As a new writer, the novelty of receiving letters and emails from readers is still fresh and wonderful. My favourite message to date came from a gentleman of a certain age, who wrote to thank me for the considerable pleasure my book had brought him and his beloved during the 1960s. I had to break it to him gently that I am not Sir Richard Burton, the 'fabulous lover, daring explorer' and translator of the classic erotic text The PerfumeD Garden, but a mother of two whose new book about the Spanish Civil War was named The Perfume Garden by my publishers after its original title 'The Perfume Box' was - ironically - deemed too suggestive. He was quite charming, and promised to read the novel.
Perhaps you've had similar experiences with both good and tough feedback? I've come to the conclusion that two readers can read the same passage and find completely different things. Leaving aside the gladiatorial online review arenas, the trolls and sockpuppets, for every reader who takes the time to send a handwritten note to say they liked the book, and yes, your fictional version of the person they knew was bang on, there is another telling you that you got it horribly wrong.
How do you deal with this? Do you engage? Argue your case? One of the most common complaints about my debut 'The Beauty Chorus' was that people didn't eat that well during WW2. This was my fault entirely, and I've learnt a good lesson. The food, in fact, had been researched religiously. All I needed to add was something to the effect of 'mmm this beef stew is delicious, but it's not a patch on the stews we had before the war', or 'aren't I lucky that shellfish isn't rationed and Daddy brings me care parcels from the fishmonger on Chelsea Green'.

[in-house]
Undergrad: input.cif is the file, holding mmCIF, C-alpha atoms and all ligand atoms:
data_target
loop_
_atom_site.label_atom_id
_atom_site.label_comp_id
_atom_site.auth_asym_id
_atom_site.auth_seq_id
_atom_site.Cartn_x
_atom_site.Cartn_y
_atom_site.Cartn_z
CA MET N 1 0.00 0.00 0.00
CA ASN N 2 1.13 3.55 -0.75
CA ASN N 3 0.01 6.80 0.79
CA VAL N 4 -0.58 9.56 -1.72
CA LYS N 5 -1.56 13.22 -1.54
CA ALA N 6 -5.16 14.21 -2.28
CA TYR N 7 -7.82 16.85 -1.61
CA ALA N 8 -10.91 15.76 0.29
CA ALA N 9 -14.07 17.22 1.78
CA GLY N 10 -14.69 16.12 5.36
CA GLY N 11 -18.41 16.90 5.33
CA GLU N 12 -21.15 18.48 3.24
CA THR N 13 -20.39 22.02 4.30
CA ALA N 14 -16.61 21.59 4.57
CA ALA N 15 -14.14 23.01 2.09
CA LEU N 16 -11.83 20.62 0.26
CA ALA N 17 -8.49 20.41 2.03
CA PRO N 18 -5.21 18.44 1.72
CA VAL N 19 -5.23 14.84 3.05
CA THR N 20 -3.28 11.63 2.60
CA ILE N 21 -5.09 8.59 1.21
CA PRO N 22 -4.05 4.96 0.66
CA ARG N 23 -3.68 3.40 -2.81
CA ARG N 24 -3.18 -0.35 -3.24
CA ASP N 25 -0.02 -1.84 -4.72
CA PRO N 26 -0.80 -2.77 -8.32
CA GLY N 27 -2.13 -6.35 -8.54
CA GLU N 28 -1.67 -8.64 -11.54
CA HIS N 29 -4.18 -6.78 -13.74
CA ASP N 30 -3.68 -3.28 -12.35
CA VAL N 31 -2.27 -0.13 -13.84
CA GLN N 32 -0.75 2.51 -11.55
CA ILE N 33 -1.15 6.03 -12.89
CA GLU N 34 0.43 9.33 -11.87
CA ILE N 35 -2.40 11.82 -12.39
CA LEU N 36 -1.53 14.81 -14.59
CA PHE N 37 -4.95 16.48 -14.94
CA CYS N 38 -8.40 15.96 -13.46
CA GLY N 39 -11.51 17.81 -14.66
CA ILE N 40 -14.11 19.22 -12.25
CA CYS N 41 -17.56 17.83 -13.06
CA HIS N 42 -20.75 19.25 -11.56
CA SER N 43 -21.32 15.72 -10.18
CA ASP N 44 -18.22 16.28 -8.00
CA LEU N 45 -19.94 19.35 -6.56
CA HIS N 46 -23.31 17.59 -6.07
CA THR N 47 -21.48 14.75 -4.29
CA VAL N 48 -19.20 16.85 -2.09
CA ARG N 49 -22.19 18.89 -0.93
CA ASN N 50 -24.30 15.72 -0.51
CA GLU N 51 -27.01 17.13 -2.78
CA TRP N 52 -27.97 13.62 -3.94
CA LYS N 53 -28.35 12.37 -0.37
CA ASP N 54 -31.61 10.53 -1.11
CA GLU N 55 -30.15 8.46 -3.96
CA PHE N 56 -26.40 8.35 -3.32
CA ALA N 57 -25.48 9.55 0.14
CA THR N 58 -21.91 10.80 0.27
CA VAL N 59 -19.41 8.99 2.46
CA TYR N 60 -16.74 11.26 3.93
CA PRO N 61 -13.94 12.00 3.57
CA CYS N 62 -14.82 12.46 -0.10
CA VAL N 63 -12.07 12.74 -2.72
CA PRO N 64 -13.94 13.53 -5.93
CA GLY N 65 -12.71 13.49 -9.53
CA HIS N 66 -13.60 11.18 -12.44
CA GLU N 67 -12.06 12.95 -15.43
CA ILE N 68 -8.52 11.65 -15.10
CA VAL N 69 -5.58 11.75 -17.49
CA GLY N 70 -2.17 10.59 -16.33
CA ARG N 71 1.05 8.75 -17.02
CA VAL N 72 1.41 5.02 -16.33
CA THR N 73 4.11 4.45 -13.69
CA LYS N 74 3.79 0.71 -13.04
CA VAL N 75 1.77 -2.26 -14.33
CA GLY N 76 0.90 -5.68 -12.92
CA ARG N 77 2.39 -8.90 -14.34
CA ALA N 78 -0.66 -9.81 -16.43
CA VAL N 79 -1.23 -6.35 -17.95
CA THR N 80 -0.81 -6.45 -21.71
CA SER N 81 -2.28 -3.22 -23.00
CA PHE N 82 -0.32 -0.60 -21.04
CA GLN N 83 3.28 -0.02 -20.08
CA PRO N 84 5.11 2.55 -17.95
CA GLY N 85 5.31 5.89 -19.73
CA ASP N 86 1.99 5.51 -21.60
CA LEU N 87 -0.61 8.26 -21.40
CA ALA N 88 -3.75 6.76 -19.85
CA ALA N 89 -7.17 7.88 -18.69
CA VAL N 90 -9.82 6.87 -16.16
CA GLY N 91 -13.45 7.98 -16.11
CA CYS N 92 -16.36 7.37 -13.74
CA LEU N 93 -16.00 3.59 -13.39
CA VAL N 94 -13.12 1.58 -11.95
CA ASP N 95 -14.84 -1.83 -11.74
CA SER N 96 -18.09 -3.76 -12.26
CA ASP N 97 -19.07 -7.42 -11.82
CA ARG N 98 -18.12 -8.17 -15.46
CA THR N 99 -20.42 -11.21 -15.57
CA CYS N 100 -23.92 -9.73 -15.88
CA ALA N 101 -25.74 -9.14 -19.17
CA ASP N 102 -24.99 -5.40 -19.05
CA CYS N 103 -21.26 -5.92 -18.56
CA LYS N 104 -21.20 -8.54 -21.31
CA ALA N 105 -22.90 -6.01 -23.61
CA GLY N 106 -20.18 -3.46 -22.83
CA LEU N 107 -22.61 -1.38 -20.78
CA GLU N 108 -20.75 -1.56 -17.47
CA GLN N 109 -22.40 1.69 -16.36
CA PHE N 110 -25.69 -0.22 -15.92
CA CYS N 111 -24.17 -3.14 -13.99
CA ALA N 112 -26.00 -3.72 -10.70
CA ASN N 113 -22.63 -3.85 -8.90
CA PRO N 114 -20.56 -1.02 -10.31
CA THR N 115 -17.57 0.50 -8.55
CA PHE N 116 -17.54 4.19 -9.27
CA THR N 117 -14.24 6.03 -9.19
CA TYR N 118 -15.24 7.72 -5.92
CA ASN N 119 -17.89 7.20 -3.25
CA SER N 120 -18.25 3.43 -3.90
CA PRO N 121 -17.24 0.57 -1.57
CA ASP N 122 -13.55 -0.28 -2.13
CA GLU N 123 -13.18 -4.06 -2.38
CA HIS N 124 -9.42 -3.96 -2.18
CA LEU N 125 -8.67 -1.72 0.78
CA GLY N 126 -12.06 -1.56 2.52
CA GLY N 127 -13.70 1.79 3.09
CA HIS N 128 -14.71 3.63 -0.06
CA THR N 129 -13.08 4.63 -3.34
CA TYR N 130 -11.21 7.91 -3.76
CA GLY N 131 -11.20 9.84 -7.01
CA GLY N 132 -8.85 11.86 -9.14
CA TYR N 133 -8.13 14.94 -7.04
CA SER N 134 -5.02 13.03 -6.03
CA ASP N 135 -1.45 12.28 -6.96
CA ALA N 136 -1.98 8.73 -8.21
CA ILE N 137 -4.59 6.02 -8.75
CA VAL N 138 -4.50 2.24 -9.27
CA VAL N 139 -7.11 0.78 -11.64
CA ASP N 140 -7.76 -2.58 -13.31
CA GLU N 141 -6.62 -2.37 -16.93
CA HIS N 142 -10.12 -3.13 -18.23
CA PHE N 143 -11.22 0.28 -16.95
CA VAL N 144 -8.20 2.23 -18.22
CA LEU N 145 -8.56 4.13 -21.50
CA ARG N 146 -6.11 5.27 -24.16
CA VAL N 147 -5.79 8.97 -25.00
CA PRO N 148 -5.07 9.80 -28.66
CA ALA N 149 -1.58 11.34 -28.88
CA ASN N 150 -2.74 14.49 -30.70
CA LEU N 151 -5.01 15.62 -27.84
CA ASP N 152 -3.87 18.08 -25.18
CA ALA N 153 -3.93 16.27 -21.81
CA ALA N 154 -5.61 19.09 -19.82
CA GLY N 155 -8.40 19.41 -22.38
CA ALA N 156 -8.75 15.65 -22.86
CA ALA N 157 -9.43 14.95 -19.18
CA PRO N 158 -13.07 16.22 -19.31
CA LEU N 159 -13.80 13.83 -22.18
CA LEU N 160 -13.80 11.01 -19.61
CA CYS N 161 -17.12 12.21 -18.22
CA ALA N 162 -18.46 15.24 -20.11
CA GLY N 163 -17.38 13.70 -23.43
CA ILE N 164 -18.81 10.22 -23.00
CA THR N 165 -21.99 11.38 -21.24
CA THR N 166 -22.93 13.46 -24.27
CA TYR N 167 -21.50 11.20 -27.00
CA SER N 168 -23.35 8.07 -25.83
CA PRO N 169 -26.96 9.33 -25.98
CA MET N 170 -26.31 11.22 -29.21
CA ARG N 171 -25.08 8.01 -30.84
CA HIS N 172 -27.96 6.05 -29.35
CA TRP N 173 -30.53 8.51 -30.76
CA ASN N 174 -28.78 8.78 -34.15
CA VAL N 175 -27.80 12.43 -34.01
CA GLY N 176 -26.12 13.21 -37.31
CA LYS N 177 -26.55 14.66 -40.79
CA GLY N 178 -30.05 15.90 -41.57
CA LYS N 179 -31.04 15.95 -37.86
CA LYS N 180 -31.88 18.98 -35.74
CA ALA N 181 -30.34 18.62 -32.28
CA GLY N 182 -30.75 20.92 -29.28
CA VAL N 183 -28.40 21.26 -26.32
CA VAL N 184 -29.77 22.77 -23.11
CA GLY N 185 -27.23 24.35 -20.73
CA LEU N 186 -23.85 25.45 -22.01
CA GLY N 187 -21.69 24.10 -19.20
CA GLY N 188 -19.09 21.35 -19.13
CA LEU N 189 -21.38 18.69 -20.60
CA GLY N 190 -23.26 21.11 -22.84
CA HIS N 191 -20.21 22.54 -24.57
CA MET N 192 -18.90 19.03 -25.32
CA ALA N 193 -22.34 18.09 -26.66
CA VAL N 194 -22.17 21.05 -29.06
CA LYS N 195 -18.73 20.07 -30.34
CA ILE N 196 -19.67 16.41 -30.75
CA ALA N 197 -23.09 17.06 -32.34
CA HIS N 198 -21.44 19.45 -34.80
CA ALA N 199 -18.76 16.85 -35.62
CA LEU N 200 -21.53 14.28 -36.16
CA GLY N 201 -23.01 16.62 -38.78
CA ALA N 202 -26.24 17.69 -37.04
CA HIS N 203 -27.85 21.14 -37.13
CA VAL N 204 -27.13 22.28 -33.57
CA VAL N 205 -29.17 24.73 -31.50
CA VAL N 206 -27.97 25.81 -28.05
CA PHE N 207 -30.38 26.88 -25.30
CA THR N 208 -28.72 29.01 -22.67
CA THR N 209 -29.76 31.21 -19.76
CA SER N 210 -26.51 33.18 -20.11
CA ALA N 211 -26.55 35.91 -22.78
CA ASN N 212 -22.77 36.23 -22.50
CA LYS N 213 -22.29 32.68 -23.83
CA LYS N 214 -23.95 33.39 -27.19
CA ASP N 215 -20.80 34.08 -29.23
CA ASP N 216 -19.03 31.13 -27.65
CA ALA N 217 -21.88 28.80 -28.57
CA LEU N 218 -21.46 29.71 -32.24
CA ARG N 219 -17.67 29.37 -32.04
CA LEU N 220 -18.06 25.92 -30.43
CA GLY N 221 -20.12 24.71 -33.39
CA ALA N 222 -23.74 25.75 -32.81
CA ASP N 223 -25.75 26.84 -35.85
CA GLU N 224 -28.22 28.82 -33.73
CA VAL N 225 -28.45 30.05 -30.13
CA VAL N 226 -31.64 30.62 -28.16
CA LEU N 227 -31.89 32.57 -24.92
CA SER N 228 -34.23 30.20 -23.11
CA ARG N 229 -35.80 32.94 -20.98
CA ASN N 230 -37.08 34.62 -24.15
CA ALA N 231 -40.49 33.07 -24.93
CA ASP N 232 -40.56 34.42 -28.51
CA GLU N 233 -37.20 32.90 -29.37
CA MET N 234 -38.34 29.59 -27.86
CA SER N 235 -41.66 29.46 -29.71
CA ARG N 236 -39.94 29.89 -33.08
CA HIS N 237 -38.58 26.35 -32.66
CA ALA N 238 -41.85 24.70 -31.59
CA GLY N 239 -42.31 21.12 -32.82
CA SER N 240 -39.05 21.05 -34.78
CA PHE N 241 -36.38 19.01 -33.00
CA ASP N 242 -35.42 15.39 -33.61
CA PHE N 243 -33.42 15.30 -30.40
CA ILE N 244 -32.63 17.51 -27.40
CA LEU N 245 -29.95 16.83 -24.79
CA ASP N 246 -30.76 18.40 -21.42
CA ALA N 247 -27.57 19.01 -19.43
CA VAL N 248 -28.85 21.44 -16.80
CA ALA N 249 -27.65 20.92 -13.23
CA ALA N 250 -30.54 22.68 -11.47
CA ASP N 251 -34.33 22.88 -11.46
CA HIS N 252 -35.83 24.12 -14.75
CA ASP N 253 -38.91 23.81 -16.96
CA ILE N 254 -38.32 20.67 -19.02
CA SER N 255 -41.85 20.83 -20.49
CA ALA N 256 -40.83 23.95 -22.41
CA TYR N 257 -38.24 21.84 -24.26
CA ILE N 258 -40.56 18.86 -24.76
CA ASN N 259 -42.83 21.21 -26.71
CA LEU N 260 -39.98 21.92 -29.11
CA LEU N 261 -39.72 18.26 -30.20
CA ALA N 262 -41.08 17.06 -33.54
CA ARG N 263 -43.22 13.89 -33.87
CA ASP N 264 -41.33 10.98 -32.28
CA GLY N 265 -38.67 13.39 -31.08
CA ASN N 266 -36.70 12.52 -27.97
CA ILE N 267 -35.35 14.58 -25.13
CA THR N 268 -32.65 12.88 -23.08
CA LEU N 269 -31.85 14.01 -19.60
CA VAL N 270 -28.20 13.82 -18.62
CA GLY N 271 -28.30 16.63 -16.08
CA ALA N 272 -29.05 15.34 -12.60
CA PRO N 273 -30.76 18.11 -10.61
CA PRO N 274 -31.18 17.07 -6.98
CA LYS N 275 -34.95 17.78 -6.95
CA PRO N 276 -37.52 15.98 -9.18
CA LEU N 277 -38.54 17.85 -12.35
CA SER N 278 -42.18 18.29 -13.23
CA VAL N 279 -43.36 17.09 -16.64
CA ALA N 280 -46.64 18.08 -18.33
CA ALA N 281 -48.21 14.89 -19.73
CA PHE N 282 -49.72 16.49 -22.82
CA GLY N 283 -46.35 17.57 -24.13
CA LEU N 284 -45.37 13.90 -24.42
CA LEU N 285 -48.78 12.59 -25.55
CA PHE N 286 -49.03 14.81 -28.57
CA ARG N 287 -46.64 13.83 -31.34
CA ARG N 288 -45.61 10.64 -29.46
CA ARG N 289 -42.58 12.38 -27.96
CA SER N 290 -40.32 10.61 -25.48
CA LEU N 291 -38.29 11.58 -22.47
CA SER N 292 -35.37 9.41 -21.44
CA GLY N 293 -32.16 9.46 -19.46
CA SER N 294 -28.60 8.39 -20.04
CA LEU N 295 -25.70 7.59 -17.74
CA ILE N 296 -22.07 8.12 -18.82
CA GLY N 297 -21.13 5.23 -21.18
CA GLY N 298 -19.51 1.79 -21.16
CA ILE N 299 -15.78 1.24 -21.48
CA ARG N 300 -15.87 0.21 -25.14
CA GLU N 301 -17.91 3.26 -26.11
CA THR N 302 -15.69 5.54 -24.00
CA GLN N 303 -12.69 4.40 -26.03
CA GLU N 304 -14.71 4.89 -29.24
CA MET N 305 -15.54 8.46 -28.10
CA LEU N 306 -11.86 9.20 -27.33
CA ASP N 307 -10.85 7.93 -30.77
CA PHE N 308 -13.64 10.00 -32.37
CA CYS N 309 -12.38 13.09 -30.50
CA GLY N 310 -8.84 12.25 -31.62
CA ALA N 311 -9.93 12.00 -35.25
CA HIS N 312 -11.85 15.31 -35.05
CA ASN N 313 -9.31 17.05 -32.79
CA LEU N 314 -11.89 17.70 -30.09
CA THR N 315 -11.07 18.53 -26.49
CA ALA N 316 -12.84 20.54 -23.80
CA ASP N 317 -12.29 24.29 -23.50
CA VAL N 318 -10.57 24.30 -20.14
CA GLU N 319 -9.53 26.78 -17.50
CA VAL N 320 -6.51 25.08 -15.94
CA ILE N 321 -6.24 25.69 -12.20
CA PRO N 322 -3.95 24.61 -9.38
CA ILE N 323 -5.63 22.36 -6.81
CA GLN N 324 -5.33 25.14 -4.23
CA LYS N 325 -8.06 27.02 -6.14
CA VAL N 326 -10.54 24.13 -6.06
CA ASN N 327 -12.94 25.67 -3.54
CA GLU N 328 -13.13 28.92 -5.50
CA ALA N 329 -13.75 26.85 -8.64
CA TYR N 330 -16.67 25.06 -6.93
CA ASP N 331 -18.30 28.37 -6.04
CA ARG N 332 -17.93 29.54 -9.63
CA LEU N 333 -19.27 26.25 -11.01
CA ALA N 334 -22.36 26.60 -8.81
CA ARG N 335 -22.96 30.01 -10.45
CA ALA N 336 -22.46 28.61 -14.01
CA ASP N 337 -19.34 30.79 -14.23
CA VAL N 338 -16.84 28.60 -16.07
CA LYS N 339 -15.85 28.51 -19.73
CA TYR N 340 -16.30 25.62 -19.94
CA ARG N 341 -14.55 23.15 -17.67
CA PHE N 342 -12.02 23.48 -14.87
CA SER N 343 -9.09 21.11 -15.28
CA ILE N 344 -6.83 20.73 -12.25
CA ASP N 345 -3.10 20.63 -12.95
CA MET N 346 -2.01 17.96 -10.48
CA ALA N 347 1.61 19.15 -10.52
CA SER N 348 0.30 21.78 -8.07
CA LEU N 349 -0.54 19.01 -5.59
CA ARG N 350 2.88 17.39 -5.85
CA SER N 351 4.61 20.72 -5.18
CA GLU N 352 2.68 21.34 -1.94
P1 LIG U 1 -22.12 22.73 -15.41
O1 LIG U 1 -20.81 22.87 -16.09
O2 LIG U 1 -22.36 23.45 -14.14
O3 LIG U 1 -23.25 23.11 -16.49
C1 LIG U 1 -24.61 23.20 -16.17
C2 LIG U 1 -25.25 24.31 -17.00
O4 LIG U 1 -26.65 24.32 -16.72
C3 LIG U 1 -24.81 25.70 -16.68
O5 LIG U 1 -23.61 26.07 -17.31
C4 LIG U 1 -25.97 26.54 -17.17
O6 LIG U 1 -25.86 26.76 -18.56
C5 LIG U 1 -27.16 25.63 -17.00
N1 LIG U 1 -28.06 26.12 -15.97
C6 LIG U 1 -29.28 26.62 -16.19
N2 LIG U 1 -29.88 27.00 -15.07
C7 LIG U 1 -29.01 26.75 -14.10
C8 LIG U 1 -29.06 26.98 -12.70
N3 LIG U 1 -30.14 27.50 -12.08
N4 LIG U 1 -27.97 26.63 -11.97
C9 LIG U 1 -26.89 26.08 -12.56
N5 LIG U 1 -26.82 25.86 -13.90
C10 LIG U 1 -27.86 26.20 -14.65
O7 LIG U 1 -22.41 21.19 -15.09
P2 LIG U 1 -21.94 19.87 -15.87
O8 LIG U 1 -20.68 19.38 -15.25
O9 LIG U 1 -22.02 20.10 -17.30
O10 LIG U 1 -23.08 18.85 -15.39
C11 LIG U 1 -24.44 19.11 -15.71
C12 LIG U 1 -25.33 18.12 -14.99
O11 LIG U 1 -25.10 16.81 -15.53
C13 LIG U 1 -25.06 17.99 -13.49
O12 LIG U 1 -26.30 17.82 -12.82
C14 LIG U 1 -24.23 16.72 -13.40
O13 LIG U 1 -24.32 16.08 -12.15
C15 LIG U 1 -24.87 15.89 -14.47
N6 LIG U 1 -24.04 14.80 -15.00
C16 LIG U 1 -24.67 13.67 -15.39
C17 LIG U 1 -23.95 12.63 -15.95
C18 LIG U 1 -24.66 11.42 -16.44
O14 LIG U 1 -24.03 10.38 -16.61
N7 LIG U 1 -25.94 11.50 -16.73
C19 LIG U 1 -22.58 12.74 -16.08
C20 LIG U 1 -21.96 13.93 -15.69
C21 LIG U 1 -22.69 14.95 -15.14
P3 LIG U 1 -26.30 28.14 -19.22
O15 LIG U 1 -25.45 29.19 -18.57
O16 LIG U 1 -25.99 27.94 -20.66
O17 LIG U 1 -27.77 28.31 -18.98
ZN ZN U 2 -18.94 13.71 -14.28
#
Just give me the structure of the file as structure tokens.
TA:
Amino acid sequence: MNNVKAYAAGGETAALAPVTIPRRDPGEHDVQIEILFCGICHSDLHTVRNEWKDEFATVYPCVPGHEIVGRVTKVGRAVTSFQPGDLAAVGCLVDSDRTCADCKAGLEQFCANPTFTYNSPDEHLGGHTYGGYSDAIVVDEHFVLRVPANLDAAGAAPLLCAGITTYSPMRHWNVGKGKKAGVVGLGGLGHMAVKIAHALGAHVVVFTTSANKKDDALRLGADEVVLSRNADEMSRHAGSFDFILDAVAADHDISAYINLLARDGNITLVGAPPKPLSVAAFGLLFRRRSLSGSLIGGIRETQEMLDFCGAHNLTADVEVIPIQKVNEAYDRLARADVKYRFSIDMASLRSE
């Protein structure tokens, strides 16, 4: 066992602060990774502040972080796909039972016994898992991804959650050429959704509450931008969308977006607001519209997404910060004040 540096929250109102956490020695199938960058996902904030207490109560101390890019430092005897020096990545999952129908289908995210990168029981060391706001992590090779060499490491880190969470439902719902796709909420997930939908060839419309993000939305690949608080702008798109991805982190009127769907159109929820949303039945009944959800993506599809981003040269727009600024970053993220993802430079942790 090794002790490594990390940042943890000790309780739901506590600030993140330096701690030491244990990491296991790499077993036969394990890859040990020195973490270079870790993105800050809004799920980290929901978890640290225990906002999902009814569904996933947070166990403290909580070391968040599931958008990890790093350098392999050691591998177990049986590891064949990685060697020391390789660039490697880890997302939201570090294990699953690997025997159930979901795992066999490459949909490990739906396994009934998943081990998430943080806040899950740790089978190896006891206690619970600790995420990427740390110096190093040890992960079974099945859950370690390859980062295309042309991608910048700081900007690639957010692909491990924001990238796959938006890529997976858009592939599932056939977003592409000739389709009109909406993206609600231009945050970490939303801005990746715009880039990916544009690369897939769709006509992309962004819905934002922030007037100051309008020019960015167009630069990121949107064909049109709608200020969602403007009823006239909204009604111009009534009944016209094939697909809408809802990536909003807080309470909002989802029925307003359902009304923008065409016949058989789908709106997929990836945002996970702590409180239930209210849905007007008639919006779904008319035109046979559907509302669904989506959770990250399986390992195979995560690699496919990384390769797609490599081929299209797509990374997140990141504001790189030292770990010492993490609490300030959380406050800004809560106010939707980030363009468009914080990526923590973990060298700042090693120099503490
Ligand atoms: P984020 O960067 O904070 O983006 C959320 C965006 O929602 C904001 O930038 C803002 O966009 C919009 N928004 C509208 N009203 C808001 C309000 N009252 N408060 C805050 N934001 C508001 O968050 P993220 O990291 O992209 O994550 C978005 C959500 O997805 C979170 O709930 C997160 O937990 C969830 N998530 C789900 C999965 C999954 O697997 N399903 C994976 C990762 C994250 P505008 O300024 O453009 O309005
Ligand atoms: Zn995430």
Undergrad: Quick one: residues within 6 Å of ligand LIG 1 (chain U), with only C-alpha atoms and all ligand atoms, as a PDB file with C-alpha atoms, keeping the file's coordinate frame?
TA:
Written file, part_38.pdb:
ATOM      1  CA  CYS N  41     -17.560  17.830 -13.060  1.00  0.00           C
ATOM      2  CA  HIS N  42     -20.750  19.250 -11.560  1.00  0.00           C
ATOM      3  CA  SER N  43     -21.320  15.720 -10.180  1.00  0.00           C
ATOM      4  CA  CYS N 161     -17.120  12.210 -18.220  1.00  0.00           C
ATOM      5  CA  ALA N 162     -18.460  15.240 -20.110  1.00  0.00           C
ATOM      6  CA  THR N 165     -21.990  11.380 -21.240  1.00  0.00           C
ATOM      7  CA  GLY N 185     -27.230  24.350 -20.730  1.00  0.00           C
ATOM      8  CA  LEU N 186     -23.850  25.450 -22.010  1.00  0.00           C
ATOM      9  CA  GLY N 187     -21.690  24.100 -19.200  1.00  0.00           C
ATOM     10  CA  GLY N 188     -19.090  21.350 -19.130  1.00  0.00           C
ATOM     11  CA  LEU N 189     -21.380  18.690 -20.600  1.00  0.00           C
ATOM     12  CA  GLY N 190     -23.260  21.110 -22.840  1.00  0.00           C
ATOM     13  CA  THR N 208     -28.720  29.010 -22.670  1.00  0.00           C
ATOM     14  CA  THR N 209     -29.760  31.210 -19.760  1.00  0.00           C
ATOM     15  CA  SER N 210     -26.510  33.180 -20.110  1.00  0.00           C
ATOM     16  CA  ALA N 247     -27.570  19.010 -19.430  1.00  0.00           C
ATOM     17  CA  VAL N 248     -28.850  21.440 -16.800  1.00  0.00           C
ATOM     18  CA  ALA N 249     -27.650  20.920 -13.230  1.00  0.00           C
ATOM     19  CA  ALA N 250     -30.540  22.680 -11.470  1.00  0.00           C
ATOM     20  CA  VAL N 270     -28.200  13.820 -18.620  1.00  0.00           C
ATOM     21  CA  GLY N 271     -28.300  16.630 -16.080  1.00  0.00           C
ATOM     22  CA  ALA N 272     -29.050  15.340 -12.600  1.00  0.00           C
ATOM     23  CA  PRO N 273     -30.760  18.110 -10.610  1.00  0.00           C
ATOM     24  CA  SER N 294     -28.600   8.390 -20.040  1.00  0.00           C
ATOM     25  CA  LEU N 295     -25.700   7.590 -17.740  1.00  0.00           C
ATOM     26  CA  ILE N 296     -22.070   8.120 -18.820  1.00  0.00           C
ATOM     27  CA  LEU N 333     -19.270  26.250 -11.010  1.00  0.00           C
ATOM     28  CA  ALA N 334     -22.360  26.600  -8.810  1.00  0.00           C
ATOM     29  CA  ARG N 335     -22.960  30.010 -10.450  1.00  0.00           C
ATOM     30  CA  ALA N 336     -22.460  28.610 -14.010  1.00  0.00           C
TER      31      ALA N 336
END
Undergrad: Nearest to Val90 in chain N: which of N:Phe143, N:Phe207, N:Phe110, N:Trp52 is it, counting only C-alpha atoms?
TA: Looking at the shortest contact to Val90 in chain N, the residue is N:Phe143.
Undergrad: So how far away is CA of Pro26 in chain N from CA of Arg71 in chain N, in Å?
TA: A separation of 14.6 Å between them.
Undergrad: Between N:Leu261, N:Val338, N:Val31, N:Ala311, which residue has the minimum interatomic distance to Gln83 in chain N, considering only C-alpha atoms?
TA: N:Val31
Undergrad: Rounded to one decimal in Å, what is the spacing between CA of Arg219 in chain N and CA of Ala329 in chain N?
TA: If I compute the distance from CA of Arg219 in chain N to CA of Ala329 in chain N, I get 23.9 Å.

The academic in me wants the historical framework of the story to be watertight, and only a fraction of the research is used. Perhaps it is the same with your novels? I hope somehow that all that work is there, shoring up the story, even if worn lightly in the final book. As Hemingway said:
'If a writer of prose knows enough about what he is writing about he may omit things that he knows and the reader, if the writer is writing truly enough, will have a feeling of those things as strongly as though the writer had stated them. The dignity of movement of an ice-berg is due to only one-eighth of it being above water. A writer who omits things because he does not know them only makes hollow places in his writing.'
Facts are one thing, but getting the emotional timbre of your story right is more subjective. One lady in her nineties who read 'The Beauty Chorus' reported back that I was wrong - no one ever cried, even when their friends were killed in plane crashes. And yet during the research, from talking to other people, and reading first hand accounts the reminiscence that affected me the most was the woman who opened up and said that women would often go to the cinema alone so that they could weep privately in the darkness. This touched me - and said everything about the lack of privacy then, and the need to keep a stiff upper lip in public.
Historical fiction with its blend of fact and imagination is a challenging genre, and I hope to keep learning something new with every book. When I read that even the great Bernard Cornwell admitted to putting snowdrops in Arthurian Britain, it was comforting to learn that even the writers I admire most are human. What are your favourite letters from your readers - have you had any snowdrop moments? Or have any readers made your day by letting you know when you got something right?
In the meantime, if you feel like rustling up a WW2 recipe for lunch, here is a lovely simple pea soup from 'War-time Cookery' 1940. Enjoy:
1lb of mixed leeks, onions and celery
½ pint cooked peas [soak overnight with bi-carbonate]
Fry together, put in I pint of cooked peas, minced, and 1 quart of water. Boil until tender, thicken with rice or potato flour, sprinkle a little chopped mint on top.